Man, He was come for men. He will associate others (chap. 5) with Himself in this glorious work. He has a right to do it. If He is in grace a servant, He is so according to the full power of the Holy Ghost. He works a miracle well adapted to strike those whom He would call, and which made them feel that everything was at His disposal, that all depended on Him, that where man could do nothing He could do everything. Peter, stricken in conscience by the presence of the Lord, confesses his unworthiness, but drawn by grace goes to Christ. Grace raises him up, and appoints him to speak of itself to others-to fish for men. Already it was not a preacher of righteousness among the people of God, but one who drew into His net those that were afar off. He attracted to Himself as the manifestation on earth of the power and the character of God. It was grace which was there.
He was there with the will and the power to heal that which was a figure of sin, and incurable but by the intervention of God. But God had intervened; and in grace He can say, and says, to one who acknowledged His power but doubted His will, "I will, be thou clean."  Yet He submitted to Jewish ordinances as one obedient to the law. Jesus prayed, as a man dependent on God. This was His perfection as a man born under the law. Moreover, He must needs acknowledge the ordinances of God, not yet abrogated by His rejection. But this obedience as man became a testimony; for the power of Jehovah alone could heal leprosy, and He had healed it, and the priests were to acknowledge that which had been done.
But He brings pardon as well as cleansing. He gives a proof of this by removing all infirmity, and imparting strength to one who had none. This was not the doctrine that God could pardon. They believed that. But God had intervened, and pardon was present. They would no longer have to wait for the last day, nor for a day of judgment, to know their condition. A Nathan would not be required to come and proclaim it on the part of a God who was in heaven while His people were on earth. Pardon was come, in the Person of the Son of man come down to earth. In all this, Jesus gave proofs of the power and the rights of Jehovah. In this instance it was the fulfilment of Psalm 103:3; but, at the same time, He gives these proofs as accomplished by the power of the Holy Ghost, without measure in man, in His own Person the true Son of God. The Son of man has power on earth to forgive sins: in fact, Jehovah was come, a man on earth. The Son of man was there before their eyes, in grace, to exercise this power-a proof that God had visited them.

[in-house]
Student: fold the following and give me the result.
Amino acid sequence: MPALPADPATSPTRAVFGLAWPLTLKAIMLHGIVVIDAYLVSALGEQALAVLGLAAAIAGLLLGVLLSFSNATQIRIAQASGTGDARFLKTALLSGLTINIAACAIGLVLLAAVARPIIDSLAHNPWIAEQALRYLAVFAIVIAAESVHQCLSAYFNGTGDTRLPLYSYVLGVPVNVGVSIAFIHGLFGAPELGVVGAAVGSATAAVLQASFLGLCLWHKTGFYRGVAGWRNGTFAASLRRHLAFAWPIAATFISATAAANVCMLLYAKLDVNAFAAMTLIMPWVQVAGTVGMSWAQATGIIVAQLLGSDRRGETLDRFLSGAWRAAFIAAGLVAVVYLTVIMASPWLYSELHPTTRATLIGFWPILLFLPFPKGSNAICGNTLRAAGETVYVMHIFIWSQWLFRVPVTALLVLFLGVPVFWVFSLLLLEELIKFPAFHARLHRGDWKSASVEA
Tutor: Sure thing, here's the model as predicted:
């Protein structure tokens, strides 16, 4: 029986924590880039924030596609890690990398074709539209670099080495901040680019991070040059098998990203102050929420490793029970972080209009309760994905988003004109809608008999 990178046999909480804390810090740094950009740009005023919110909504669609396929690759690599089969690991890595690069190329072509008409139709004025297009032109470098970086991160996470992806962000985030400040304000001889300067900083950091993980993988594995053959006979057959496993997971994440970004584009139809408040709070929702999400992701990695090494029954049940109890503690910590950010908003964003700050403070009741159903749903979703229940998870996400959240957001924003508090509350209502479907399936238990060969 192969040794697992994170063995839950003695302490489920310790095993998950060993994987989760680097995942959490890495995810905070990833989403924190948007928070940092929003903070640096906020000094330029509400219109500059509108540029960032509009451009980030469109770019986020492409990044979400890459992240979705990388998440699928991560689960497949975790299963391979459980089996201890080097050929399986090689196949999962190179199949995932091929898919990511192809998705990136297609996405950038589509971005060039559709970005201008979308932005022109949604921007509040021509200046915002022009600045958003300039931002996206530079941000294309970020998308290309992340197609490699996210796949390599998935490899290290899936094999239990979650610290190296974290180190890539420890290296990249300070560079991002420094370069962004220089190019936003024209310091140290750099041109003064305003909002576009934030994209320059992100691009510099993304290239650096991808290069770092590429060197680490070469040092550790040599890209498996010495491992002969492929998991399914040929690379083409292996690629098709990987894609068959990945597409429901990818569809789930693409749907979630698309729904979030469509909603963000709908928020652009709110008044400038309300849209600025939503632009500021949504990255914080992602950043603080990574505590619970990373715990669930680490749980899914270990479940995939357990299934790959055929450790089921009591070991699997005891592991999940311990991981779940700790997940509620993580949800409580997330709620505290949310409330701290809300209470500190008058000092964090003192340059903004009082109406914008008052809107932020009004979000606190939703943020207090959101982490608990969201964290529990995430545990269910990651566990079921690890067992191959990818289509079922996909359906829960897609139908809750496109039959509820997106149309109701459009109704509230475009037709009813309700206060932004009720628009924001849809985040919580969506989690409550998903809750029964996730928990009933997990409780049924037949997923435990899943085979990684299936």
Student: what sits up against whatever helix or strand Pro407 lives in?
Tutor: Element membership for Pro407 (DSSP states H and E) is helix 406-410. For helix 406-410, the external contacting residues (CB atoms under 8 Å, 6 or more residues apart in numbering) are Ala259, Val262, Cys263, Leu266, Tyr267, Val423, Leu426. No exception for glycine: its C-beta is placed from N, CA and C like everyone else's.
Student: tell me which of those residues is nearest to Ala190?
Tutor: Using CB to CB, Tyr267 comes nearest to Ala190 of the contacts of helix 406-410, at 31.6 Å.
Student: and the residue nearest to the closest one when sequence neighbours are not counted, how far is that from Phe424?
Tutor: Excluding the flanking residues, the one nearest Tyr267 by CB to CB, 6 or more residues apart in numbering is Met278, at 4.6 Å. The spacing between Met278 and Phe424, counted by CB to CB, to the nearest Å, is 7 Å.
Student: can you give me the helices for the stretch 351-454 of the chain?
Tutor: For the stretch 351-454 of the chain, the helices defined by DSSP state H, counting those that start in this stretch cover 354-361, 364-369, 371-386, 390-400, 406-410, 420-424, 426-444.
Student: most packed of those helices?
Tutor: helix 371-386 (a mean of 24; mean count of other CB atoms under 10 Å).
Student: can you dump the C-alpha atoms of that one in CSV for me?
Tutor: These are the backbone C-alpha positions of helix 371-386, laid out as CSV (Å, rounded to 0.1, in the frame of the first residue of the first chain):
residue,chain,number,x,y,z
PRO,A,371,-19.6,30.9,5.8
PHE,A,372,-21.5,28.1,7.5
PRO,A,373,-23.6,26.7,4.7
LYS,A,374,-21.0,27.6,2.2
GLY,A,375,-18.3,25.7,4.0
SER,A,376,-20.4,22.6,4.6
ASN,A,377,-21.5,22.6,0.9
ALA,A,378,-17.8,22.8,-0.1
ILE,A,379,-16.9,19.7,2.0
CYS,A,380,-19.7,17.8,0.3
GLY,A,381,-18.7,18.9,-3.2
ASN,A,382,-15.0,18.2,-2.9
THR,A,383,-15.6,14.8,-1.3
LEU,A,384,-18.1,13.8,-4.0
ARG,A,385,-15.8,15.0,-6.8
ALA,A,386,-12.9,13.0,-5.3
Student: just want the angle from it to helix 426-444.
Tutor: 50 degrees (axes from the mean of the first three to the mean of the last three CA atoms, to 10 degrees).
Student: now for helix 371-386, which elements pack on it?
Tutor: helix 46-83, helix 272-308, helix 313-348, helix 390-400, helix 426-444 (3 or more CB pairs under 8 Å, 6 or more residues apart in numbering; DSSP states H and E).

In both these instances  the Lord, while displaying a power fitted to extend, and that was to extend, beyond this sphere, displays it in connection with Israel. The cleansing was a proof of the power of Jehovah in the midst of Israel, and the pardon was in connection with His government in Israel, and therefore proved itself by the perfect cure of the sick man, according to the psalm already quoted.  No doubt, these rights were not limited to Israel, but at that moment they were exercised in connection with this nation. He cleansed, in grace, that which Jehovah alone could cleanse. He pardoned that which Jehovah alone could pardon, taking away all the consequence of their sin. It was, in this sense, a governmental pardon; the power of Jehovah present, fully to restore and re-establish Israel-wherever, at least, faith could profit by it. Afterwards, we shall find pardon for peace of soul.
The call of Levi, and that which follows, shews that not only was this power of grace to extend beyond Israel, but that the old vessel was not able to bear it. It must form a vessel for itself.
We may also remark here, on the other hand, that faith is characterised by perseverance. In the consciousness of the evil, an evil without remedy, and in the assurance that One able to heal is there, it does not allow itself to be discouraged-does not put off the relief of its need. Now, the power of God was there to meet this need.